The Executive Secretary of the Council of the Agreement, Patrice Kouamé, co-signatory of the grant agreement, welcomed the “constant commitment” of the Bank to support the subregional organization and to accompany the CERFER in its vision to offer learners theoretical and practical training adapted to the needs of companies, thus facilitating the employability and integration of young people from the center. “The African Development Bank is the only organization that accompanies us with this huge donation. In doing so, it effectively translates its support for investing in human capital as a powerful driver of development, “he said .

Marie-Laure Akin-Olugbade, Director General of the Bank for West Africa, for her part, stressed the relevance of the PAIF, which she said will inject new momentum into CERFER: “The project comes rightly, by its capacity, not only to solve the problem of youth employment, but also to help meet the challenges of infrastructure development and regional integration, which are just as many major challenges for the continent . “

For Akin-Olugbade, even when jobs are available, young people often do not have the skills required by employers. In this dynamic, she says, “the project will help equip the West African region with skills to meet the needs of the economy in strategic areas of transportation and mining infrastructure. It will promote the creation of a critical mass of technicians and technicians and will garner the direct employment of approximately 8,000 young technicians trained by CERFER over the next ten years. “

Ouro-Djobo Samah, Director General of CERFER, also welcomed this donation from the African Development Bank, which will propel the center and transform it into a pole of excellence at the country level of the Council of Europe. the agreement and the subregion.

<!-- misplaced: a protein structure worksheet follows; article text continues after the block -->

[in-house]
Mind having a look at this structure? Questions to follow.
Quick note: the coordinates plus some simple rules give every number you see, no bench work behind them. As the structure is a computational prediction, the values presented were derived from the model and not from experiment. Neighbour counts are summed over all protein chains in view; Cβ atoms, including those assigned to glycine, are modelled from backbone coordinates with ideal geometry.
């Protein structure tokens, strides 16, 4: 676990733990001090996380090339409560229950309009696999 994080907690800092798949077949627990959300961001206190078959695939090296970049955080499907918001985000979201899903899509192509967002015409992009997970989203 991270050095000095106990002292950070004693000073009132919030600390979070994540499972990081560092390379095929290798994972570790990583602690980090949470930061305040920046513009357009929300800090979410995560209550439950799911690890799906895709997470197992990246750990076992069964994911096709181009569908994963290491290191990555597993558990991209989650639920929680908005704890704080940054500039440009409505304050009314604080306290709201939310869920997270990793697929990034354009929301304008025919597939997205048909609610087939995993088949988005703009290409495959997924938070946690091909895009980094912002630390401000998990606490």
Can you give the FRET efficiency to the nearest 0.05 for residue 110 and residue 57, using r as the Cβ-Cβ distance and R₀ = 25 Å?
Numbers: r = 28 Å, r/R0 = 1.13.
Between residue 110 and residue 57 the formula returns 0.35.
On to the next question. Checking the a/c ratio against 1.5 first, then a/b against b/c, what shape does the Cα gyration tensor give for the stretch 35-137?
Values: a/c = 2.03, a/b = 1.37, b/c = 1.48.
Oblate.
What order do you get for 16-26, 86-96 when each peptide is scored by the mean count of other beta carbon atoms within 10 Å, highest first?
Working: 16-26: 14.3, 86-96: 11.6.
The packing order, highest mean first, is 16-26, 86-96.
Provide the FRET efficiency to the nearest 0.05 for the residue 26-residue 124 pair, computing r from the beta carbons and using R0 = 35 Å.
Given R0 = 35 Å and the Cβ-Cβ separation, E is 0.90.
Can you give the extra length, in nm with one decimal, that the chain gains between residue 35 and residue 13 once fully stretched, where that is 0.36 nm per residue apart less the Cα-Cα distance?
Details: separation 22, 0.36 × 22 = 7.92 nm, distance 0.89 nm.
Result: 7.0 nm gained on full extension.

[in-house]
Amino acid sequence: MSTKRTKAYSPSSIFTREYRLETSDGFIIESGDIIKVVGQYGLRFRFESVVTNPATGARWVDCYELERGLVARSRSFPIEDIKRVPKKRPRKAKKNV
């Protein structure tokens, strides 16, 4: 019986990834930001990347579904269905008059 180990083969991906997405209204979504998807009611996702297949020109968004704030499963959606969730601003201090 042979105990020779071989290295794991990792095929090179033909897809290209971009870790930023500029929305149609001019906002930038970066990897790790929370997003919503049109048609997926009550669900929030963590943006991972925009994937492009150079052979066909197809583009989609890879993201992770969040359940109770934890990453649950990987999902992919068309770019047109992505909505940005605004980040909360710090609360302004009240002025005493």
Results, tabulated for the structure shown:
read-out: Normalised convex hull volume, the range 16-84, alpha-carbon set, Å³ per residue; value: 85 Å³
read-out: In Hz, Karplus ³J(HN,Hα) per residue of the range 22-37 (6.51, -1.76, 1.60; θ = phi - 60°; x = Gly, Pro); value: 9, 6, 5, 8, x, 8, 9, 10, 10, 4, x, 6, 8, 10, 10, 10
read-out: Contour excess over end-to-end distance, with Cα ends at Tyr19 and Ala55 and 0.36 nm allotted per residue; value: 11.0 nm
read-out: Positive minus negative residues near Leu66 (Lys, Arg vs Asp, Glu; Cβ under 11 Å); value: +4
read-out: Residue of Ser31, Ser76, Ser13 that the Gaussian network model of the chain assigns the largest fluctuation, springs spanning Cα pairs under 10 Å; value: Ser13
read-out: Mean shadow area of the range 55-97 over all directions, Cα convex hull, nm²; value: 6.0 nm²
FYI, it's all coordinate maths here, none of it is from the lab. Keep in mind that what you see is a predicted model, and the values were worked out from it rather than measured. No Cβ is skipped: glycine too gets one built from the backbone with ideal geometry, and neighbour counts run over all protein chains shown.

The CERFER is a specialized agency of the Council of the Agreement, based in Lome, Togo, and responsible for the training of technicians in the building trades and public works, road, railway and mining.

The Council of the Agreement was created on 29 May 1959 in Abidjan, Côte d’Ivoire, with the objective of promoting the economic development of its Member States, through the implementation of joint projects and programs likely to increase the well-being of their populations. It also aims to contribute to the strengthening of political relations between Member States, with a view to maintaining between them and in the West African subregion a climate of peace, security, solidarity and mutual understanding, necessary for their economic and social development.

Côte d’Ivoire: No Amnesty for Serious Crimes of 2010-11 Crisis

Should Not Include War Crimes, Crimes Against Humanity

There should be no amnesty for those responsible for war crimes, crimes against humanity and other serious human rights violations committed in Côte d’Ivoire’s 2010-11 post-election crisis, 11 national and international human rights groups said on August 7, 2018.


A woman hides her face after recounting how pro-Ouattara forces killed two of her children and her brother during the post-election violence in Duékoué, western Côte d’Ivoire. Duékoué was site of one of the worst massacres of the crisis, but no one from the pro-Ouattara forces has been arrested for the crimes committed there. © 2011 Peter Dicampo

Contrary to all commitments for justice since 2011, President Alassane Ouattara announced on August 6, 2018 that he would grant an amnesty to 800 people accused of or convicted of crimes related to the 2010-11 crisis or subsequent attacks against the state, which could include people implicated in serious human rights crimes.

Ouattara said that the amnesty would not apply to 60 military members and members of armed groups who committed “blood crimes” during the post-election violence. Ivorian judges, however, have indicted far more than 60 people for crimes against humanity and war crimes related to the post-election crisis, including high-level military and political leaders from both sides of the conflict. It is now unclear who among these indictees will ultimately face justice.

“To decide, after seven years of judicial proceedings involving hundreds of victims and alleged perpetrators, that only 60 people will face justice is not only an arbitrary decision but will be an act of disrespect to victims if it allows perpetrators of war crimes and crimes humanity to escape prosecution,” the 11 organizations said.

The Ivorian government had created a National Commission of Inquiry (Commission nationale d’enquête (CNE)) to identify and document crimes perpetrated between 2010 and 2011, and a special investigation unit (Cellule spéciale d’enquête et d’instruction (CSEI)) to prosecute those responsible.